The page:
Spanish Voters Reject Austerity
Spanish Voters Reject Austerity - by Stephen Lendman
Since mid-May, Spain's M-15 movement began protesting for "Real Democracy Now," drawing large numbers of students, activists, unemployed workers, and other "los indignados" (the outraged ones) on streets throughout the country, defying a ban ahead of May 22 municipal and regional elections.
Tens of thousands said "No nos moveran" (We shall not be moved), opposing government imposed austerity to repay bankers at their expense.
Experiencing its worse economic crisis in decades, official figures show around 45% of Spanish youths unemployed, a crisis affecting all workers facing worsening, not improving conditions, some of the worst in Europe.
In response to growing needs, Jose Luis Zapartero's Socialist Workers Party (PSOE) government proposed 5% or more public worker pay and pension cuts, halting cost of living adjustments, raising the retirement age from 65 to 67, ending payments for births or adopting children, and more ahead, including reforming labor protections and pensions, not stimulus when it's most needed.
As a result, the populist "Real Democracy Now" manifesto states:
"We are ordinary people. We are like you: people who get up every morning to study, work or find a job, people who have family and friends. People who work hard every day to provide a better future for those around us," calling for "an ethical revolution" for change.
The same crisis affects other countries throughout Europe, notably Greece, Ireland, Portugal, Italy, Latvia, Iceland, Hungary, Romania, Ukraine, and elsewhere, what Michael Hudson calls a specter haunting Europe, showing no signs of letup under crushing debt burdens counterproductively dealt with by neoliberal austerity.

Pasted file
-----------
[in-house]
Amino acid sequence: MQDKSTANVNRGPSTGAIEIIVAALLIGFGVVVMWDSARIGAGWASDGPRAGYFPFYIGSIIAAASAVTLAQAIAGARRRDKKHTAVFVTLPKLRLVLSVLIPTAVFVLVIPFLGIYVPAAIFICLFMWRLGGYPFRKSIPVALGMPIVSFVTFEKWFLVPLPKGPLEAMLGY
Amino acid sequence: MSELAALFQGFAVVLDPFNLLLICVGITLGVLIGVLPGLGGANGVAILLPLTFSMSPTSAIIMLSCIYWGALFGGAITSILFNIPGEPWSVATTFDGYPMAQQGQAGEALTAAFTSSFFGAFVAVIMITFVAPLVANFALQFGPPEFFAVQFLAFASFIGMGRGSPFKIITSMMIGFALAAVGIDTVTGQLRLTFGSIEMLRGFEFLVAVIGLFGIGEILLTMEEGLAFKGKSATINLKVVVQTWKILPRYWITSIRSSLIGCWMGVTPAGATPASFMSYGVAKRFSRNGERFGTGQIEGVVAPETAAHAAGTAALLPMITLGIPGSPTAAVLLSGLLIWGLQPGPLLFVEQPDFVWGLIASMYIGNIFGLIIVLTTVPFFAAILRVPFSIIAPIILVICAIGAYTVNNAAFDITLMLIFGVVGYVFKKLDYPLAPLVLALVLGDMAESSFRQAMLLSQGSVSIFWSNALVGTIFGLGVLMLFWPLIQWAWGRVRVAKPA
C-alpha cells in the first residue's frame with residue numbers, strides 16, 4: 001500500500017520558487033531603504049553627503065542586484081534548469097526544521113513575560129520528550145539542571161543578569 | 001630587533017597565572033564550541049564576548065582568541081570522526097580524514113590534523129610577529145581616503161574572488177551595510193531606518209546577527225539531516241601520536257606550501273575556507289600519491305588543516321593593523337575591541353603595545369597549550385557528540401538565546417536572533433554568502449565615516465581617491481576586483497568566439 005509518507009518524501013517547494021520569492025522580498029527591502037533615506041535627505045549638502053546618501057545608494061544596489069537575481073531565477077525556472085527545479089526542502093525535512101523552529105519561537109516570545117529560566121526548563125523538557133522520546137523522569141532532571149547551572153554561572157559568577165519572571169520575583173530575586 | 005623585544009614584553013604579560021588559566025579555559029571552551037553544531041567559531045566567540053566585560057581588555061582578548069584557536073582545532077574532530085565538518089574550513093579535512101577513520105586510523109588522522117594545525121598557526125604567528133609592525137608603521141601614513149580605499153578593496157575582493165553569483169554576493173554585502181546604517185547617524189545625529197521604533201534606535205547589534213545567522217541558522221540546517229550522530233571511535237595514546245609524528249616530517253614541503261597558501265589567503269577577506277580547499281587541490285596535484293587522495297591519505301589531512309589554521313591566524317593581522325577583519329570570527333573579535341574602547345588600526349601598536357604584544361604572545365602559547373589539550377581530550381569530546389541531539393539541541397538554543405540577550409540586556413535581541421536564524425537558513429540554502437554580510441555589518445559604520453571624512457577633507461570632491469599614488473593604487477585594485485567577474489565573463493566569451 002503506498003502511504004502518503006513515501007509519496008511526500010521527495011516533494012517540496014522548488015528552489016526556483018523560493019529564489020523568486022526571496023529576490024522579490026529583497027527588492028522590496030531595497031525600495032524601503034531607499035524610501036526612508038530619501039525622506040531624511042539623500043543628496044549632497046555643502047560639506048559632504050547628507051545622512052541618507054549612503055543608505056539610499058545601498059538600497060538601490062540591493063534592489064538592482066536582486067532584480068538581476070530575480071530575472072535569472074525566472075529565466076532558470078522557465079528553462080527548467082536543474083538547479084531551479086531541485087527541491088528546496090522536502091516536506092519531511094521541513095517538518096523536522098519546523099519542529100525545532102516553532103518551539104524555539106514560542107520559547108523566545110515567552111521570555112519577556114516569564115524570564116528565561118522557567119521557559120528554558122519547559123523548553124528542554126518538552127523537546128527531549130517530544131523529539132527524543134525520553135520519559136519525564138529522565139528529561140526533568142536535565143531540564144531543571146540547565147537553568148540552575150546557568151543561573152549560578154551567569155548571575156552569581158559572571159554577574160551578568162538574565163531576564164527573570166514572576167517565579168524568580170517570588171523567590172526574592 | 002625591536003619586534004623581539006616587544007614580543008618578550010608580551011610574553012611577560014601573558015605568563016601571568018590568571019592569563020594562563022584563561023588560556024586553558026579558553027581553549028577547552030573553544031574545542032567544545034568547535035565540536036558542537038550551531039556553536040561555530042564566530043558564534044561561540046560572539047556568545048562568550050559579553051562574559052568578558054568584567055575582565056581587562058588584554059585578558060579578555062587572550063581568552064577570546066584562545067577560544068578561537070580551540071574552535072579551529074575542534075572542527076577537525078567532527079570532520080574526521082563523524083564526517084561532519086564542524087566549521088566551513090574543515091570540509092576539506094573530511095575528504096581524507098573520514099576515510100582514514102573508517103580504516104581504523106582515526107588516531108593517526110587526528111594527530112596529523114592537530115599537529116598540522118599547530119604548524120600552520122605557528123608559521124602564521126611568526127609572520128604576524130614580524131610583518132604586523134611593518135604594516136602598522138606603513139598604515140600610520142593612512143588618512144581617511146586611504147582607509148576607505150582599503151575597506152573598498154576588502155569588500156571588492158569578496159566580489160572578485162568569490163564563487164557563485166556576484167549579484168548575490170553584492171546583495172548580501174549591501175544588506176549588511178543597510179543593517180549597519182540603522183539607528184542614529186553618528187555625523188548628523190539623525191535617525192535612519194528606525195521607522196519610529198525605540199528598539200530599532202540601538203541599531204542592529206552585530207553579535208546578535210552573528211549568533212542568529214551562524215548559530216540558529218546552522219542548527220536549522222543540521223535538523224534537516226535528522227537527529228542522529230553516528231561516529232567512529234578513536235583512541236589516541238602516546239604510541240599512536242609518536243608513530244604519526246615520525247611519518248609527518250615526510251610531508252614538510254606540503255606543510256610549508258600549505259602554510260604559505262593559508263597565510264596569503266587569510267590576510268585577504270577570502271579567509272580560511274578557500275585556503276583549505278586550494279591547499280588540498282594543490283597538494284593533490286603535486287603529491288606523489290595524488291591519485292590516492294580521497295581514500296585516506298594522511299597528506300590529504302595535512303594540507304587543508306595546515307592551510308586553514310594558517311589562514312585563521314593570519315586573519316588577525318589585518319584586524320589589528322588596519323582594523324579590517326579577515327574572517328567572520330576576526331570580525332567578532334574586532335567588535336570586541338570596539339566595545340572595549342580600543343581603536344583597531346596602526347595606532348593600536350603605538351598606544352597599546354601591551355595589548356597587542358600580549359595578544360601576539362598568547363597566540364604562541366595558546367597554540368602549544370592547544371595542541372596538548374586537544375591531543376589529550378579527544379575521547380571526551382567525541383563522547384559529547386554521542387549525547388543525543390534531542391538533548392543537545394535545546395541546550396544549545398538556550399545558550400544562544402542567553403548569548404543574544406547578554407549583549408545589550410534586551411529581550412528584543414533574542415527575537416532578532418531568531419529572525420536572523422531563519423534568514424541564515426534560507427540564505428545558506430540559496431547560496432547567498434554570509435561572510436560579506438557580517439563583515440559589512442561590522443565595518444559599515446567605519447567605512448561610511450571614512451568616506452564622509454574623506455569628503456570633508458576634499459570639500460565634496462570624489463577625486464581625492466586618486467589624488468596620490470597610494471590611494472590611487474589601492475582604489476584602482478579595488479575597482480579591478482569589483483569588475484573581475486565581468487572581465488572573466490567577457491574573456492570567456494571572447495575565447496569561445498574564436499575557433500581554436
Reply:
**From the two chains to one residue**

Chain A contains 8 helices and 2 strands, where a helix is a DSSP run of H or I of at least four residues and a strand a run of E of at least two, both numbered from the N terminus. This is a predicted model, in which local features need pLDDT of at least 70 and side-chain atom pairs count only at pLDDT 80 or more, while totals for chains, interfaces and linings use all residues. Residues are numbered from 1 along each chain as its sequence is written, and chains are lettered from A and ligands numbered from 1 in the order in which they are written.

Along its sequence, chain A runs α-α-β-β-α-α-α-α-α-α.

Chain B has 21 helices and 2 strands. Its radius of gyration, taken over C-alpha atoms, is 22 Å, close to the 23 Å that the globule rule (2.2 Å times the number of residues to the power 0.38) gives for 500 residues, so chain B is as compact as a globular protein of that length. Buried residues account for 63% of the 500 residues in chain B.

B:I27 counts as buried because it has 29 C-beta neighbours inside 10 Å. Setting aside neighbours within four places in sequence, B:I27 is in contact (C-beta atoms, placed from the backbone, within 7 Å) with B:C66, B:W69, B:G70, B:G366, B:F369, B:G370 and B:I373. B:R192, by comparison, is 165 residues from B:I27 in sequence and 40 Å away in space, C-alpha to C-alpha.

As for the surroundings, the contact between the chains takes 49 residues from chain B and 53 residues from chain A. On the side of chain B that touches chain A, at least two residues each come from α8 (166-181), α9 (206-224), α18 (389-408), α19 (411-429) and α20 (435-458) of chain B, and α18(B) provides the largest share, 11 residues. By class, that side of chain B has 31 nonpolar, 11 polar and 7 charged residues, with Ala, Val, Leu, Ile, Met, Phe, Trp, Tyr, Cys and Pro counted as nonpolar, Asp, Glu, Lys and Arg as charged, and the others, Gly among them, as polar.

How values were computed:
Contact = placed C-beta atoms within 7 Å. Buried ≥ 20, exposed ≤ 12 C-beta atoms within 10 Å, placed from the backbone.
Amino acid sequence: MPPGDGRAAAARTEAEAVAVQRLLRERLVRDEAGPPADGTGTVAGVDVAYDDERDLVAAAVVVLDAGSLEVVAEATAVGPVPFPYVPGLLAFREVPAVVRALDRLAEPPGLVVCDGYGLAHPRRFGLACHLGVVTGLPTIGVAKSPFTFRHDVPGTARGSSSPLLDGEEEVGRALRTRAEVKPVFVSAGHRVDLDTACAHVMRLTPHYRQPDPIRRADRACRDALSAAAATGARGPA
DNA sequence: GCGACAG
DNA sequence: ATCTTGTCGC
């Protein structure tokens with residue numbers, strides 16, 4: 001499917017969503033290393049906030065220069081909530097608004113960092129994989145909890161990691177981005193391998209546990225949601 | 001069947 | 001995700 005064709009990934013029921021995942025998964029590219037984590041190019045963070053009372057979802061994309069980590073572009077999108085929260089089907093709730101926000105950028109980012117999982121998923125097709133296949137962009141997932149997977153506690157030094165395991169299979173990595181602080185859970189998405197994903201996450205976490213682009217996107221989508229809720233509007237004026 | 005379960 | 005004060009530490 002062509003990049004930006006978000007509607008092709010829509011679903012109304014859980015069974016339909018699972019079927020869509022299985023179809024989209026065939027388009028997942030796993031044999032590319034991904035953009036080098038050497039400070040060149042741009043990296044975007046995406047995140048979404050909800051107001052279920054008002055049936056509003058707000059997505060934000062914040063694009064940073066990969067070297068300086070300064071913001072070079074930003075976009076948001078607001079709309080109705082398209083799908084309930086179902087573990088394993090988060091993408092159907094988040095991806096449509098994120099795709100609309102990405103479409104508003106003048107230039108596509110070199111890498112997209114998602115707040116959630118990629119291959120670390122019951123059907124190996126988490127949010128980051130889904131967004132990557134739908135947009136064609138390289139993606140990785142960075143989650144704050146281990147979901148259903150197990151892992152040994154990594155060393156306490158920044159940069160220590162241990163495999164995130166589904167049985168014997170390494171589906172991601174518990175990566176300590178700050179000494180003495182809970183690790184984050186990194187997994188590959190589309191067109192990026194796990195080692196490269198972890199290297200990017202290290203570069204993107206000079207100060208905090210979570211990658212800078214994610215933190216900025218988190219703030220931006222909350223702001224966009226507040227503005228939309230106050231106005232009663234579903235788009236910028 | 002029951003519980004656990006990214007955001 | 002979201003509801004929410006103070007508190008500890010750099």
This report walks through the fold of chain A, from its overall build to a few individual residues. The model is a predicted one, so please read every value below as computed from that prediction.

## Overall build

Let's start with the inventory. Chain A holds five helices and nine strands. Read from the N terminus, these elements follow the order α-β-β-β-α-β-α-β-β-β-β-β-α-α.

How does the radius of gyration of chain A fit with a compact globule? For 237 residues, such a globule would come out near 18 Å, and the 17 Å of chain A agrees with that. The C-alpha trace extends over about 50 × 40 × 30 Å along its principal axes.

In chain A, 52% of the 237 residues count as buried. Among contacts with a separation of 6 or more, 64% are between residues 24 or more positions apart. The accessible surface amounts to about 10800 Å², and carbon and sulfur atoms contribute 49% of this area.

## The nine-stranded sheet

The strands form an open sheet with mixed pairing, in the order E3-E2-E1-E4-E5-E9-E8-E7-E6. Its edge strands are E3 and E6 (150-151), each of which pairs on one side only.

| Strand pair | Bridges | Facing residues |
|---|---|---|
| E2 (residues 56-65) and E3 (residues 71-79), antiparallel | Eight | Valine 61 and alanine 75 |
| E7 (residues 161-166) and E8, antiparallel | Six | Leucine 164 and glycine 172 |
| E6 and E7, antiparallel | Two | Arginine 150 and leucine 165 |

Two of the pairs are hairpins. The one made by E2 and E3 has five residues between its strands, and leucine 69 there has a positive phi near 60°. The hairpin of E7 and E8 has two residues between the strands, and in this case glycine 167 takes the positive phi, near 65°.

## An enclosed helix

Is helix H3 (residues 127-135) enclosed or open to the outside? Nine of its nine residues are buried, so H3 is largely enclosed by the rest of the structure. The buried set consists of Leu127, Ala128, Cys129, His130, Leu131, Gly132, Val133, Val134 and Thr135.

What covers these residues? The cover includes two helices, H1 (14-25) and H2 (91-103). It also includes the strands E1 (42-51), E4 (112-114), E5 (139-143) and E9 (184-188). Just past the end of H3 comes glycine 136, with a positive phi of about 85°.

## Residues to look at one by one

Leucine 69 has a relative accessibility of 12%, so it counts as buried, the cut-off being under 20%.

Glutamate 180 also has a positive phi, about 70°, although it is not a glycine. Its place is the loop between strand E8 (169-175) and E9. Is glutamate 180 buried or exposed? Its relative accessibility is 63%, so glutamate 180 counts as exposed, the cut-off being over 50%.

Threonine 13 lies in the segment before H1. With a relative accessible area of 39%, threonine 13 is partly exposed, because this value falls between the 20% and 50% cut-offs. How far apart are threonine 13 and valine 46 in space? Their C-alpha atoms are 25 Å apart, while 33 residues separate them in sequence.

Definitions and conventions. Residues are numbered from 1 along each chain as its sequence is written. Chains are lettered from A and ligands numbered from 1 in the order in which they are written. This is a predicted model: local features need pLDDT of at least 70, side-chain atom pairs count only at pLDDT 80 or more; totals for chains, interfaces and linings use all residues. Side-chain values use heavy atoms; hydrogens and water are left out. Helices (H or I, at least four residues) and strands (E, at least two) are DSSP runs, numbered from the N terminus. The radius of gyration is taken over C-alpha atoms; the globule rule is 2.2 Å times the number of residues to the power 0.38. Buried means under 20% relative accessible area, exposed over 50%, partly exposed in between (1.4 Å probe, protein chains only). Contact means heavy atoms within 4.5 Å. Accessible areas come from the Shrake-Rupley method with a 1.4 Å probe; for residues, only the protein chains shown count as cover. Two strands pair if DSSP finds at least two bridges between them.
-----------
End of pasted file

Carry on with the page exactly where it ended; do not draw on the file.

On May 22, Paul Krugman's New York Times op-ed headlined, "When Austerity Fails," saying:
For over a year, the European "pain caucus" insists "that sound money and balanced budgets" solve all problems when, in fact, austerity destroys jobs and private-sector confidence, "threaten(ing) to make Europe the flashpoint of a new financial crisis."
As a result, "the confidence fairy hasn't shown up." It's plunging, not rising. Greece, Ireland, Portugal and other nations can't service their debts, and if one or more default, "financial dominoes" across Europe may fall because insisting banker interests come first is a diktat doomed to fail.
In the meantime, working households continue bearing the burden of bailing out banking giants responsible for the severest economic crisis since the Great Depression.
How? The usual IMF solution, involving preserving capital at workers' expense - a package including wage and benefit cuts, less social spending, privatizing state resources, mass layoffs, deregulation, lower corporate taxes, maintaining debt service, and harsh crackdowns on resisters.
In the 1980s, it was Reaganomics, trickle down, and Thatcherism. Today it's "shock therapy," and forced austerity, the same scheme pitting capital against people - disposable workers tossed out for big money's gain, bankers most of all. Michael Hudson calls it a: